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Japan: IP High Court affirms DOE for Maxacalcitol’s manufacturing process patent

After the product patent had expired, the brand name pharmaceutical company sued generic drug manufacturers based on a manufacturing process patent. The Grand Panel of the IP High Court affirmed infringement under the doctrine of equivalents (DOE) for the medicinal compound's manufacturing process patent.

Summary of the case

The appellee, Chugai Pharmaceutical, jointly owns a patent for a manufacturing process of compounds including maxacalcitol. Chugai manufactures and sells Oxarol ointment, a therapeutic agent of keratosis, whose active ingredient is maxacalcitol. Chugai had owned a product patent regarding maxacalcitol. This patent expired on December 26 2010 after the patent term was extended.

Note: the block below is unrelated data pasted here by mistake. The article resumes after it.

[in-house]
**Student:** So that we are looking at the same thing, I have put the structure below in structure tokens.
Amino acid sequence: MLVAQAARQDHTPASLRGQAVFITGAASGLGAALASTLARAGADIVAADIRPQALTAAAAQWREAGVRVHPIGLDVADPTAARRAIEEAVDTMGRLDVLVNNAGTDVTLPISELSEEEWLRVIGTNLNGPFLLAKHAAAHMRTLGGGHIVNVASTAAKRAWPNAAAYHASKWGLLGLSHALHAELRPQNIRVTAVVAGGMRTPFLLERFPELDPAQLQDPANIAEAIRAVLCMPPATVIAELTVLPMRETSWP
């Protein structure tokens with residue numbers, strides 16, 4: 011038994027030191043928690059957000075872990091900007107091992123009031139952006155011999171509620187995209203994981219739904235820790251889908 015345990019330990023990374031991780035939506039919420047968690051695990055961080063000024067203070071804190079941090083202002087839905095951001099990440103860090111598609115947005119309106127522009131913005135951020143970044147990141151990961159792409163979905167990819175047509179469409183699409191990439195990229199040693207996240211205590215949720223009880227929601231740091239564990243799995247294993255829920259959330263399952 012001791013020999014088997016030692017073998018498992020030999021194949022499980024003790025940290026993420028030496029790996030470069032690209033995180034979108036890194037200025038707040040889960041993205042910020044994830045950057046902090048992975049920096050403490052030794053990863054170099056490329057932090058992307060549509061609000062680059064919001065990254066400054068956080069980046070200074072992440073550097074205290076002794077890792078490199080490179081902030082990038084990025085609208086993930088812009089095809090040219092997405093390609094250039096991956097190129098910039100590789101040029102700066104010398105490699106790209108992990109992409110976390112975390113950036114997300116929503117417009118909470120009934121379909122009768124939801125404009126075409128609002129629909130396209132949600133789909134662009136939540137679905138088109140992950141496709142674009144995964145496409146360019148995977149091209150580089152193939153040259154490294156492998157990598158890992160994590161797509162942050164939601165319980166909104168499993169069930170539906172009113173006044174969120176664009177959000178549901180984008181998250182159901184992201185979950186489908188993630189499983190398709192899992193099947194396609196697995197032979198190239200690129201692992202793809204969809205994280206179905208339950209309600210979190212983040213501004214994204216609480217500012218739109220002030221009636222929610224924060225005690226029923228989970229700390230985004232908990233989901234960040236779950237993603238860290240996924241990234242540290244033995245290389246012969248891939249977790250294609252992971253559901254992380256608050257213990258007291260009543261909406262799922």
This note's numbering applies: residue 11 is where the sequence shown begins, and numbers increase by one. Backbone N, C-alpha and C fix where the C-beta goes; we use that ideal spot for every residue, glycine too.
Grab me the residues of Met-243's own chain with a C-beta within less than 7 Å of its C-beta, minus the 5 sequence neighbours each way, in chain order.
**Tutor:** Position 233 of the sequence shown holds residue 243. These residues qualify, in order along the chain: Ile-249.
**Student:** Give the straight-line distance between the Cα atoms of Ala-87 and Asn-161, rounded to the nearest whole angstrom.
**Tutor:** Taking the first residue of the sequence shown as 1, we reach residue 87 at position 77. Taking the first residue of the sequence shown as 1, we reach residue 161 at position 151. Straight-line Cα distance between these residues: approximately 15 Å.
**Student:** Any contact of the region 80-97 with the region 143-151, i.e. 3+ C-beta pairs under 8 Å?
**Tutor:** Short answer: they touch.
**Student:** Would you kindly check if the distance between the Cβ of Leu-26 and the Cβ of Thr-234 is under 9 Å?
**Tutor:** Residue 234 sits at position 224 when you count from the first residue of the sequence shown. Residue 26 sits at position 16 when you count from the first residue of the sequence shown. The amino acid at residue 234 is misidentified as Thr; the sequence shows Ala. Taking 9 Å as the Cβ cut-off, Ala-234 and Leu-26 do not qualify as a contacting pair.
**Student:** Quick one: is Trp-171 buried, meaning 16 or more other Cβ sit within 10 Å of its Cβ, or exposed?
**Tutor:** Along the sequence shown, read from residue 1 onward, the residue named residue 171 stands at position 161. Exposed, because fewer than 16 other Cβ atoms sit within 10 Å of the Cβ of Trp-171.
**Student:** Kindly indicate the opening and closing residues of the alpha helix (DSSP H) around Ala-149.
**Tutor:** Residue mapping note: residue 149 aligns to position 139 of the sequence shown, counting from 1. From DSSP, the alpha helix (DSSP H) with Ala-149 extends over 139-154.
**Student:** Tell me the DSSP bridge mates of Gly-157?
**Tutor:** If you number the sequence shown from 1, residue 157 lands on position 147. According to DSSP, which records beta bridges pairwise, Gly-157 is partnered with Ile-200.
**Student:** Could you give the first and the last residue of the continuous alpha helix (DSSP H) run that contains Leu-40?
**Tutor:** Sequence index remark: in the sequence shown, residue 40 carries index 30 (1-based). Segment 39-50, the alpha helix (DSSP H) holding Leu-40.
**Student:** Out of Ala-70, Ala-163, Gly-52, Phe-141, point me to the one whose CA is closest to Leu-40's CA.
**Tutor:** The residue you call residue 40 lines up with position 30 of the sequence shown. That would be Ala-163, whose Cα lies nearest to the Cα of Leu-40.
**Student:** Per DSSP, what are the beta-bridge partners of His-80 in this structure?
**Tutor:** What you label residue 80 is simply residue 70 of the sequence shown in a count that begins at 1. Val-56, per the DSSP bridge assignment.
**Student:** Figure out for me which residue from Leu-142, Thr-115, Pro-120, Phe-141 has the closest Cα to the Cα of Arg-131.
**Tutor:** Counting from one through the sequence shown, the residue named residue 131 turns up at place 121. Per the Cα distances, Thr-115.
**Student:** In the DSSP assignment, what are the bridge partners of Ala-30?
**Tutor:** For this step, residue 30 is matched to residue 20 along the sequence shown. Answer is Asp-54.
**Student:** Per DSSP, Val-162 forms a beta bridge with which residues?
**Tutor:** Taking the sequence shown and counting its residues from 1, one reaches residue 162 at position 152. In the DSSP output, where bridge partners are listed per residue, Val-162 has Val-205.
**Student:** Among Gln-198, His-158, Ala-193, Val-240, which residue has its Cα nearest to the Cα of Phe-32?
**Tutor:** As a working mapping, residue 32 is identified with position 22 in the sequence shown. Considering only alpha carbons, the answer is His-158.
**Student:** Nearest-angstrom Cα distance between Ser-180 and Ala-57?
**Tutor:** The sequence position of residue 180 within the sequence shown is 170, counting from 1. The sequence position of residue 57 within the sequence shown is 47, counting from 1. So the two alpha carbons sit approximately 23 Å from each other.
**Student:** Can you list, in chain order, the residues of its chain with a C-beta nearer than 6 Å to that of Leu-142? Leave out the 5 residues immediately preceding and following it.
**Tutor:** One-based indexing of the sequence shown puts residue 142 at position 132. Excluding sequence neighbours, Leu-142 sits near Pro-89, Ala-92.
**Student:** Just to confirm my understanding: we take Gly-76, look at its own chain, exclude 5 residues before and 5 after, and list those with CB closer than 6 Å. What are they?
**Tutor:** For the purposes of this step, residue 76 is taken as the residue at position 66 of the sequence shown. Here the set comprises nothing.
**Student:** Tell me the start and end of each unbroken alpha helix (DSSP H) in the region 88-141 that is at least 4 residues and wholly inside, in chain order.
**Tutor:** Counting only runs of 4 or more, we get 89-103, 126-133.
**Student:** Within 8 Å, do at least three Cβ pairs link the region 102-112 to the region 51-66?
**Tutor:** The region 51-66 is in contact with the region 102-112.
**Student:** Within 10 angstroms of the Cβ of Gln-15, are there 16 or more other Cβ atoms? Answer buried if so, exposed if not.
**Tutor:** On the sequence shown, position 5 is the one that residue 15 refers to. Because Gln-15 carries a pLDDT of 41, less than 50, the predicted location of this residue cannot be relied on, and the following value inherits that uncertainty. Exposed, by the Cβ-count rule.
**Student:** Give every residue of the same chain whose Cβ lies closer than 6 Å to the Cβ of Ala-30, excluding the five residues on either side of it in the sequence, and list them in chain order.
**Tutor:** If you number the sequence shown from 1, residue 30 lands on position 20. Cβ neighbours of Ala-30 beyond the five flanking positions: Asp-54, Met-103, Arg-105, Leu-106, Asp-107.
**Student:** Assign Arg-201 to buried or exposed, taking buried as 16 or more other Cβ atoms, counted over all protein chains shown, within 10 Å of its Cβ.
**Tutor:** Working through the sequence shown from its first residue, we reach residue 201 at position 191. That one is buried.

The appellants Iwaki Seiyaku etc sold generic Oxarol ointments and the appellant DKSH Japan had imported the active ingredients of the generic product from Cerbios Pharma and sold it. Chugai sought an injunction against the appellants' importation and assignment claiming that the appellants' manufacturing process of maxacalcitol preparations and their API was equivalent to the patented process. The appellants' process does not literally satisfy the claim elements because the structure of a starting material and an intermediate of the patented process is cis-isomer whereas that of the appellants' process is trans-isomer. The main issue was DOE.

Judgment of December 24 2014, Tokyo District Court

The Tokyo District Court (Presiding Judge Shimasue) affirmed satisfaction of five requirements of the ball spline case (judgment of February 24 1998, Supreme Court) and held that the appellants' process is equivalent to the Chugai invention. In February 2015, the Court granted a preliminary injunction.